• Who Cares!

    Who cares…..in a year or two Calipari will be gone…The tropies will be returned to the NCAA…and UK will be on probation forever…….and oh yes Calipari will resurface at another college.
    I heard that Cupcake U has an opening on their schedule…….Grab it Cal before Boeheim beats you to it.

  • IUfanPurduePhD

    If anything, two games in Lucas Oil Stadium would’ve been exactly what Kentucky wanted: more money. And as others have mentioned, it would give them an annual presence in Indianapolis, so they would have a better shot at our recruits. Gross.

    As Tom S said, playing in Indy would not be a compromise — they’d end up getting everything that they wanted: neutral court, tons of money, presence in Indy. What would IU get? Money. That’s not a compromise.

  • DarkSouth

    Brad, that wasn’t the offer. UK refused campus game. Callipari has done this before arriving at UK when he schedules, it’s not a new policy for him.

    Compromise is overrated. Don’t let the terrorists win.

  • DarkSouth

    Didn’t the Big Ten and Pac-12 announce a deal last year about working together on scheduling games in the next couple of years? I think it was for both football and basketball.

  • Thalweg

    pUKe fans are now chirping that next year they Cal will schedule a game against Notre Dame or PUke at Lucas Oil. They claim Cal always gets what he wants and will get into Indy no matter what. The arrogance of that fan base is almost sickening. I am so glad that someone stood up to them, and I am even happier it was Glass and Crean that did it.

  • BHoos

    Some Kentucky fan rolled her ankle and fell down when the students were rushing the court. She was sitting in the IU student section BTW. I’m pretty sure the only reason it got any coverage is she is an ex-playmate.

  • jermhoosierfan

    Let them beat the crap out of PUke or Notre Dame. It will not have the prestige of playing IU. They are in the Big Ten and Big East, but they have no history with those schools. There will not be the satisfaction of beating them as there would be with beating a reborn IU. Screw pUKe.

  • jermhoosierfan

    Let them beat the crap out of PUke or Notre Dame. It will not have the prestige of playing IU. They are in the Big Ten and Big East, but they have no history with those schools. There will not be the satisfaction of beating them as there would be with beating a reborn IU. Screw pUKe.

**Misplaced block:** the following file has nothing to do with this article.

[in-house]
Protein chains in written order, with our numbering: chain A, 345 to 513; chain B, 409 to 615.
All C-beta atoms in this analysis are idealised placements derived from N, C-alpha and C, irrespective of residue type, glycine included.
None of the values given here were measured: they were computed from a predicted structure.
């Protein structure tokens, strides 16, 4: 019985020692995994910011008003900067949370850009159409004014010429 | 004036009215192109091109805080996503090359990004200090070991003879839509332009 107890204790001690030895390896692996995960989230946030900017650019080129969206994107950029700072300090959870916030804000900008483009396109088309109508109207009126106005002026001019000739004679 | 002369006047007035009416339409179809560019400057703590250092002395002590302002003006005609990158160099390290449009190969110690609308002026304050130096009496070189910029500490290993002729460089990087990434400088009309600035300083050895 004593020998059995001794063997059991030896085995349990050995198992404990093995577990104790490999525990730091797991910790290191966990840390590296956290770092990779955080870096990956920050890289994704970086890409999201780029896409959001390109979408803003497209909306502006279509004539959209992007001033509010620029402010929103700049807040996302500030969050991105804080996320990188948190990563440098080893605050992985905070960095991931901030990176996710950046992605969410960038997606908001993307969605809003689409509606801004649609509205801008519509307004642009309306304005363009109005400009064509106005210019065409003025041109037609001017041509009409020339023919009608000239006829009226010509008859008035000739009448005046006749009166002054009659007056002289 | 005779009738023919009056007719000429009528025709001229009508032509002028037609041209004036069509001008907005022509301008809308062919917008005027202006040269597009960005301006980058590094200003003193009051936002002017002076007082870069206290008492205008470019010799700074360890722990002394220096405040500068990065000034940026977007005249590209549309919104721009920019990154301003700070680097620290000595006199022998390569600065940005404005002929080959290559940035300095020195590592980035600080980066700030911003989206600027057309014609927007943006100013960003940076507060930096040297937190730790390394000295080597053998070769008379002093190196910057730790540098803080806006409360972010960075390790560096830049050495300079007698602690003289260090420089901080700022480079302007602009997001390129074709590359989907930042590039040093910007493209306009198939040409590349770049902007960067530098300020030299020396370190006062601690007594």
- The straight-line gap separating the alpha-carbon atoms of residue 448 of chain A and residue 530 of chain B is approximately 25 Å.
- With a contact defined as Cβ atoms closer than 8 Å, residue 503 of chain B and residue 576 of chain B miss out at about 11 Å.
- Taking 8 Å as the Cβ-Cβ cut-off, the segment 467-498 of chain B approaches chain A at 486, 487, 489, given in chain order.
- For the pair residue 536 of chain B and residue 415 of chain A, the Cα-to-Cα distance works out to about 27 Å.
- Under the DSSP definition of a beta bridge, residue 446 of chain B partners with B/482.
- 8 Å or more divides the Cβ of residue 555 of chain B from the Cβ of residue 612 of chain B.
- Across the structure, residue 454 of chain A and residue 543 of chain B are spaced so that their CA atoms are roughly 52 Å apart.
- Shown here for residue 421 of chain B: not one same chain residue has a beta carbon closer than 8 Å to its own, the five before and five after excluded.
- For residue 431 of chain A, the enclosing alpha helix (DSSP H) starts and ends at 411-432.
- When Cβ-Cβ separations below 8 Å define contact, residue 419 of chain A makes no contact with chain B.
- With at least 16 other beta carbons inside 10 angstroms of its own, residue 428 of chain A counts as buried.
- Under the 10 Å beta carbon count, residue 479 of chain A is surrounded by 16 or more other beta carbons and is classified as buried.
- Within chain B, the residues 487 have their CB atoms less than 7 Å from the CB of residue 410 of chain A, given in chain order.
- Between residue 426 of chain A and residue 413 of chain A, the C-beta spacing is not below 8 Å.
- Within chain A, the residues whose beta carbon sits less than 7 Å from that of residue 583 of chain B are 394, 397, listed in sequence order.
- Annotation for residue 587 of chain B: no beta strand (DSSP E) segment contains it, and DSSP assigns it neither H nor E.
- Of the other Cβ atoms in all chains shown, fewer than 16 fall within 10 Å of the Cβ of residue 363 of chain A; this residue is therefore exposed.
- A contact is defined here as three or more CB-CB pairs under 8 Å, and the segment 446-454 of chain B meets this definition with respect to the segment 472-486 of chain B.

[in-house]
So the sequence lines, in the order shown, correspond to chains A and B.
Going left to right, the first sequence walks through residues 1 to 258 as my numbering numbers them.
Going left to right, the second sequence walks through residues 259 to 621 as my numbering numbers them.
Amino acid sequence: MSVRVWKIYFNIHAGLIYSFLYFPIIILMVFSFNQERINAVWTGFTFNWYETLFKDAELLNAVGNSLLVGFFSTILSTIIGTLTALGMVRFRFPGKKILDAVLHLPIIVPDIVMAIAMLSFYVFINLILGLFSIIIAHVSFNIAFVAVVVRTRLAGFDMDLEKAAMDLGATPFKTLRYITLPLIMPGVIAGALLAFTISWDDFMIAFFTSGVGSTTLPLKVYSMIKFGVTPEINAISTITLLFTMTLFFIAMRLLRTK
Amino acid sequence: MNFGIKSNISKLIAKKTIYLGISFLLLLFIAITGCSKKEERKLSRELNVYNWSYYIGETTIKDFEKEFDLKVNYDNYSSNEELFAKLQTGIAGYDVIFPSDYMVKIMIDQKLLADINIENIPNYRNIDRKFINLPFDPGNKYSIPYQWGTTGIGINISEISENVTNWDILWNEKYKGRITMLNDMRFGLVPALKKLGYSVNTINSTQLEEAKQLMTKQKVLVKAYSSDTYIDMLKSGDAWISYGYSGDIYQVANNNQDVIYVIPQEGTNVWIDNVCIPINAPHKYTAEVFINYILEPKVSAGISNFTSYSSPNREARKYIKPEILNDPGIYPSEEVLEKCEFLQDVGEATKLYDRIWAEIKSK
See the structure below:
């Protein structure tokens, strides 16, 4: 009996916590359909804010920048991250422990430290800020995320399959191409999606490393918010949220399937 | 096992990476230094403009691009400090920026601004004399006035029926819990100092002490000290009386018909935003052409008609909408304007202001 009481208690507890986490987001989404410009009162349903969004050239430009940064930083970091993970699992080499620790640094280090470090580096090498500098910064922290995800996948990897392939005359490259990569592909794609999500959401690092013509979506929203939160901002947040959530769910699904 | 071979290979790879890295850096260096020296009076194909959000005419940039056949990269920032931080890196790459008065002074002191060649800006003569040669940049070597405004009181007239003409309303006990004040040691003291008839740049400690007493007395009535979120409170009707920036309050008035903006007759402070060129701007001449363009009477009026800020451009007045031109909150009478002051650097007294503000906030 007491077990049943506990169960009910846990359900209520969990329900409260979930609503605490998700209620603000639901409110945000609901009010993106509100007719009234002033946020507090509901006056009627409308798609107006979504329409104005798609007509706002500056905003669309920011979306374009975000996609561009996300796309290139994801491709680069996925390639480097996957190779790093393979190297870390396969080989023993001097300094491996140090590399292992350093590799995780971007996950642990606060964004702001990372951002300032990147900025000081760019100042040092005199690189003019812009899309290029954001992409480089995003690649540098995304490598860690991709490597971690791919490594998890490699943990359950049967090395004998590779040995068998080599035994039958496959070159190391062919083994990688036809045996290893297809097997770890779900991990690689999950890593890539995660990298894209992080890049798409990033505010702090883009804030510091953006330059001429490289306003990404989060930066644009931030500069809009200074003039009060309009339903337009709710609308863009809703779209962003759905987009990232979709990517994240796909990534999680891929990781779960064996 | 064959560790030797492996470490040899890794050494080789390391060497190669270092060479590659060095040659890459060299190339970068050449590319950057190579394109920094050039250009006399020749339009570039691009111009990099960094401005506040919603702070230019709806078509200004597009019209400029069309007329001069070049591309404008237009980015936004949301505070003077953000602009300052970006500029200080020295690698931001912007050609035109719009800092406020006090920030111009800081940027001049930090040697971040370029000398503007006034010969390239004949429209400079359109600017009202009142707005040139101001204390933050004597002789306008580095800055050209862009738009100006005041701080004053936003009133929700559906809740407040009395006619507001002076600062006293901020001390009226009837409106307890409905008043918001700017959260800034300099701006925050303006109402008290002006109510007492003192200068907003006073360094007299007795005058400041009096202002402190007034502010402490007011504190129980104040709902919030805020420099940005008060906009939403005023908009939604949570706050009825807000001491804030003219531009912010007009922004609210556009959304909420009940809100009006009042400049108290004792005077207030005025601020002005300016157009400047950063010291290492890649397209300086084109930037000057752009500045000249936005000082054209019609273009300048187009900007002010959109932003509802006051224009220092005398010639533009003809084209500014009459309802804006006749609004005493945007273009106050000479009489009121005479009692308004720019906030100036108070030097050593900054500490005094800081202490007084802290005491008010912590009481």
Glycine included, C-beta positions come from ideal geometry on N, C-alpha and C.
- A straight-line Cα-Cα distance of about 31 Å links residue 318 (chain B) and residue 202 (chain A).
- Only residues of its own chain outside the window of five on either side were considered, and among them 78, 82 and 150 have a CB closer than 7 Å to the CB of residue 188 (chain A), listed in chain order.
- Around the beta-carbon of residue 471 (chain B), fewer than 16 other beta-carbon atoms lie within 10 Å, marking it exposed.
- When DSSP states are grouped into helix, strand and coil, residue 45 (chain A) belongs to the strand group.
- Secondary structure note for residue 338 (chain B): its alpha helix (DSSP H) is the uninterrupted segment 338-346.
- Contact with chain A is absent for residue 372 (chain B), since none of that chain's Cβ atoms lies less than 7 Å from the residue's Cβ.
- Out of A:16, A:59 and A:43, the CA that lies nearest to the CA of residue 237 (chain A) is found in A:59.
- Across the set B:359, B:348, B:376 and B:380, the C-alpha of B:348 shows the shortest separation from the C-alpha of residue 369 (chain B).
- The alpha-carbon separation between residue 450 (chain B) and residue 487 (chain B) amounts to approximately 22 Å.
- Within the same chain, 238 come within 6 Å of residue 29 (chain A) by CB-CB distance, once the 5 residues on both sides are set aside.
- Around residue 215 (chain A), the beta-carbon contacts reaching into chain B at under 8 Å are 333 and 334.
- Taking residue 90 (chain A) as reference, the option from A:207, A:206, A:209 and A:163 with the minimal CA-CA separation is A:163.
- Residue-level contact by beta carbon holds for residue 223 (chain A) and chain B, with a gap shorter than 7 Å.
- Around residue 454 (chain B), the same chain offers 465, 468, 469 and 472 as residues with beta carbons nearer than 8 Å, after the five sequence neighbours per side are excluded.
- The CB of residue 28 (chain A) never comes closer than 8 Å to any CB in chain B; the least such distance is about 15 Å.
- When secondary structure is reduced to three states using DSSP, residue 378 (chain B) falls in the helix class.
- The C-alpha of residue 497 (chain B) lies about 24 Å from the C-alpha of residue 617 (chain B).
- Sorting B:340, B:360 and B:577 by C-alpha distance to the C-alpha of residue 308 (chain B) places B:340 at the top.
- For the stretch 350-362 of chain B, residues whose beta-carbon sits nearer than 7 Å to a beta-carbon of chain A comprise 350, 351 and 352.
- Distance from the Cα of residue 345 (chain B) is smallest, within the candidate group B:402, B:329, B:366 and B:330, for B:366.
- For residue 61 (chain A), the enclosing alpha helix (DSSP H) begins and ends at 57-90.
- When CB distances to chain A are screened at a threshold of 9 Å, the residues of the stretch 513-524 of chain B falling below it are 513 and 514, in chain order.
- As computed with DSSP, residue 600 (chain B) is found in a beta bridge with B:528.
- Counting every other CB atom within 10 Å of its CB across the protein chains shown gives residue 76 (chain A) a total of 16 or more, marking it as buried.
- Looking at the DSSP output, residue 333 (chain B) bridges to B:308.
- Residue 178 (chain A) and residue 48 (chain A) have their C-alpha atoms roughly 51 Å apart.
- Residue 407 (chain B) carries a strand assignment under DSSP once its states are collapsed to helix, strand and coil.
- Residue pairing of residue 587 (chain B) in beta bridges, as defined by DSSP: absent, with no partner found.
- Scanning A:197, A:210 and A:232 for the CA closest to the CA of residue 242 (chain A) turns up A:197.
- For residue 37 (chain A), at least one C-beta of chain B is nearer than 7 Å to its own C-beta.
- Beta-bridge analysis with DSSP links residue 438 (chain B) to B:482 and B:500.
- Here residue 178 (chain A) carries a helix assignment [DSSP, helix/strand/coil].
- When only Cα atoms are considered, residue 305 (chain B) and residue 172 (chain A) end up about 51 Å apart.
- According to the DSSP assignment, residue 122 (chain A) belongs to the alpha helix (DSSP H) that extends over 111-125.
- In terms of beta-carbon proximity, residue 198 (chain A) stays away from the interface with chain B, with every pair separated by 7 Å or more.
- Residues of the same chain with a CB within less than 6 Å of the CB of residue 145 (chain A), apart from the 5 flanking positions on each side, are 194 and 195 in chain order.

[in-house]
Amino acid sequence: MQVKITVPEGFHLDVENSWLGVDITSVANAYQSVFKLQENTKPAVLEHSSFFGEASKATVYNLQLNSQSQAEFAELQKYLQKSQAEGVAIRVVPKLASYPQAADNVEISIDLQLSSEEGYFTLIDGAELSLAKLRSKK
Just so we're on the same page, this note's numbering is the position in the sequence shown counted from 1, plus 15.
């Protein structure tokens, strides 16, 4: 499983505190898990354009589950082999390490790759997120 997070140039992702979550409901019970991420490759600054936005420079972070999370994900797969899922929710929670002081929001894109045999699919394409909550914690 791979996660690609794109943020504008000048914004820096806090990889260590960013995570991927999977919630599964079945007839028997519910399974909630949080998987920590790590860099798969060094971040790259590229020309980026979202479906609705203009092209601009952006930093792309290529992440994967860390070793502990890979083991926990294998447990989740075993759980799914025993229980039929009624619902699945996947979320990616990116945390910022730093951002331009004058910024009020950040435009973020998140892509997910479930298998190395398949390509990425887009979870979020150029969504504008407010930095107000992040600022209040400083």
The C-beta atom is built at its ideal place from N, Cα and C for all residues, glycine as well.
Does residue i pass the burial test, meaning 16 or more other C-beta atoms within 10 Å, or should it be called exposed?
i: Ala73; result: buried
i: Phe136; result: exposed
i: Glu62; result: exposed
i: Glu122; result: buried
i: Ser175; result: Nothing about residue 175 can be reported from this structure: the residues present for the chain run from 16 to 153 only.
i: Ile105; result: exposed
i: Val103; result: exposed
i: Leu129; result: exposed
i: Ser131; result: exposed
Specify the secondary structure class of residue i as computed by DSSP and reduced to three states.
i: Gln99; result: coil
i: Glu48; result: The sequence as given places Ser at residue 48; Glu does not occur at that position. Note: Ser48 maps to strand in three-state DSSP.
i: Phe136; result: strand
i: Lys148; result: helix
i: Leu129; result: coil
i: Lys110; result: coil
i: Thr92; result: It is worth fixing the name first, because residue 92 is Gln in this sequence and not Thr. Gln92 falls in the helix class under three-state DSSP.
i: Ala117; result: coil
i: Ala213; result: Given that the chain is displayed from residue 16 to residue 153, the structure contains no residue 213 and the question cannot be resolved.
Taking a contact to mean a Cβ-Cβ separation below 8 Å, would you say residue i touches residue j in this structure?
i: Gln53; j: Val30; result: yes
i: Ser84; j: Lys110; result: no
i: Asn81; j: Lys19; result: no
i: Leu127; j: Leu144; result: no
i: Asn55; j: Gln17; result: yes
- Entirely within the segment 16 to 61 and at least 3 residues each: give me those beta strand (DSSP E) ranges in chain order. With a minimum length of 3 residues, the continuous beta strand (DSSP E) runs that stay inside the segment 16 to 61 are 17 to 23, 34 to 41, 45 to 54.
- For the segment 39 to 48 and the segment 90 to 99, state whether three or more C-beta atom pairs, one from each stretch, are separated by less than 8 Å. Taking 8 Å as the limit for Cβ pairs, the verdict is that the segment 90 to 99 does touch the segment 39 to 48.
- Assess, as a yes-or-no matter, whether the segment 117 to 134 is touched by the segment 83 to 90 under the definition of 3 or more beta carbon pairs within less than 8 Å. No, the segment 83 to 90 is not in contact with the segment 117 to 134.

• InTheMtns

    Beard, UK did, in fact, poll their fans at the beginning of the season. Calipari wanted to drop one of their non-conference games and asked the fans which one they wanted to drop. The UK fans voted, by a fairly large margin, to drop the IU game. Granted that that was at the beginning of the season and they might feel differently now, but I don’t think you’d get your 90%.

  • Thalweg

    Yeah, they have worked out a deal for all sports to play each other out of conference. The B1G and the Pac12 have always had a great relationship because of the Rose Bowl and now they have decided to work together to help their conferences be the best athletically as well as academically with cross sharing of ideas and research. I think it was a great move and should pay great dividends in the future.

  • SeattleHoosier

    thanks. seems like a non-issue. not sure why Calipari would do this. Oh well.

  • DarkSouth

    UK was seeking to use IU, in my mind, for recruiting purposes. IU wouldn’t get the benefits from the arrangement that UK would. No doubt UK fans would have been happy with the Indy only games. However, I think many IU fans are disappointed but understanding of the situation.

  • HoosierDadE

    Obviously biased…
    But I don’t know how the series could have continued at neutral sites. Where in Kentucky could the game be played? Freedom Hall is deteriorating and there is no way U of L would have allowed the series to be played that the Yum Center.
    And according the pUKe fans, IU is the only place where fans are “mean” to the opposing team.

  • HoosierDadE

    Obviously biased…
    But I don’t know how the series could have continued at neutral sites. Where in Kentucky could the game be played? Freedom Hall is deteriorating and there is no way U of L would have allowed the series to be played that the Yum Center.
    And according the pUKe fans, IU is the only place where fans are “mean” to the opposing team.

  • DarkSouth

    Makes sense. By far the two best academic power conferences, maybe in D1 outside the Ivy. No geographic overlap to stir up recruiting issues. Both offer access to distant major markets. Smart deal.

  • 323SGrant

    I was looking forward to seeing IU snap UK’s home winning streak. Smart money says Calipari was afraid of that happening.

  • TomEke